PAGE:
The vast majority of fiction, film, and television in popular culture are based upon the outlier who violates the rules and values of some bureaucracy to accomplish whatever it is the protagonist does. That is true of westerns ("The bean-counters are coming!"), detective stories (the high jingo is coming), and medical shows like "Mash" and "House." Actually, this generic theme began with the American Renaissance (Hawthorne's "Scarlet Letter," Twain, Thoreau, and extends to Sinclair Lewis, Heller, Vonnegut, etc., etc. The "anti-hero" is a peculiarly American creation, although it has its antecedents in picaresque works, such as those by Chaucer and Cervantes, and is well developed from the British perspective in detective and spy fiction. Bureaucracies, whether corporate or governmental, lose their functional purpose and devolve into interior struggles for power and status. The person who wants to accomplish what the bureaucracy is established to do must perform outside of the bureaucratic norms of behavior.

One of the significant aspects of Stieg Larsson's trilogy is that it is the most prominent work in a recent spate of Scandinavian works, after a half century, that brings up the issue of how people in those countries embraced, collaborated with, and endorsed the Nazis. . We have many works about how brave and clever people in Scandinavia helped rescue Jews (Raoul Wallenberg) or were active in the resistance (many Norwegian films explore this), but there has been little acknowledgment of how the citizenry submitted to and supported the Nazis. In the past ten years there have been many films that have refuted the notion that the German people were largely unaware of what the Nazis were doing to the Jews in their country.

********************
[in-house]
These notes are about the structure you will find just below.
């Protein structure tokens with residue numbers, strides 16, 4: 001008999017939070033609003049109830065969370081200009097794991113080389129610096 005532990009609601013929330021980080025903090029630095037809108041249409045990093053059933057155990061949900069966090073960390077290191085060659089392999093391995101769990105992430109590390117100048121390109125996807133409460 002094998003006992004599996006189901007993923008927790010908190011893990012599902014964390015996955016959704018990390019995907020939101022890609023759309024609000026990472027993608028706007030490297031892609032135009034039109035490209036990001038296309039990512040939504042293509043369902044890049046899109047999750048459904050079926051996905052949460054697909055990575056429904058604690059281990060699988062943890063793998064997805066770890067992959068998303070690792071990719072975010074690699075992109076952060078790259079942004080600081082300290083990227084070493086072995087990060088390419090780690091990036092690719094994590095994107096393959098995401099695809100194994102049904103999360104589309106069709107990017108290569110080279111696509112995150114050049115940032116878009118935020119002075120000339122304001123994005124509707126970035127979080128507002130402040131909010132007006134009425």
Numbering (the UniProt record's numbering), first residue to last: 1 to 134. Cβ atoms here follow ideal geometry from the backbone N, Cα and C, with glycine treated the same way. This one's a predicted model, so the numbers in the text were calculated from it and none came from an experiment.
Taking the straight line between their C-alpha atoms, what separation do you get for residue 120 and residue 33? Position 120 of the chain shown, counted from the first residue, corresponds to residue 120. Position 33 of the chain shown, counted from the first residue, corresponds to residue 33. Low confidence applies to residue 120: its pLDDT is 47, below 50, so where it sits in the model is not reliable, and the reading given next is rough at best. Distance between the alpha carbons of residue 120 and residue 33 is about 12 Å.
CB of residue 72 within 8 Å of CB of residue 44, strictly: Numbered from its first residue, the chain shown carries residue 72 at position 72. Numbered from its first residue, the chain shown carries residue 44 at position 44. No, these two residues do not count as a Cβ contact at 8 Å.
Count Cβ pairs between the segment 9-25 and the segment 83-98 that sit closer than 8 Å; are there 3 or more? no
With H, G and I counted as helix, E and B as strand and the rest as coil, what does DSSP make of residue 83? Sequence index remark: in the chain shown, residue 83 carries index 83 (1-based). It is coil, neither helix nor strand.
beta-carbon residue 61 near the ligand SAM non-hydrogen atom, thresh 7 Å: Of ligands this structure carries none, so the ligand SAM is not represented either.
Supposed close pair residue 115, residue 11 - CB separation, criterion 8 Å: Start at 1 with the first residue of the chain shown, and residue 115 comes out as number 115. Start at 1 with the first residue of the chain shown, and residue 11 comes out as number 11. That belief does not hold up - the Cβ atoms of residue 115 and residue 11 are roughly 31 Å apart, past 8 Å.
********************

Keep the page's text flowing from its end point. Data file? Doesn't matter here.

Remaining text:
There are few works that portray bureaucracies that actually perform well the tasks they are established to do. As someone who has had occasion to help write reports and assessments, I have an inclination to mention FEMA, but then, oh, Katrina, you washed away that illusion. And one cannot escape the fact that if a bureaucracy is dong more good than harm;, a group will find a way to define that good as harm because it conflicts with their political devotions. And we have to get back to finding that lone wolf who has abandoned the dog pack.

Donald Pay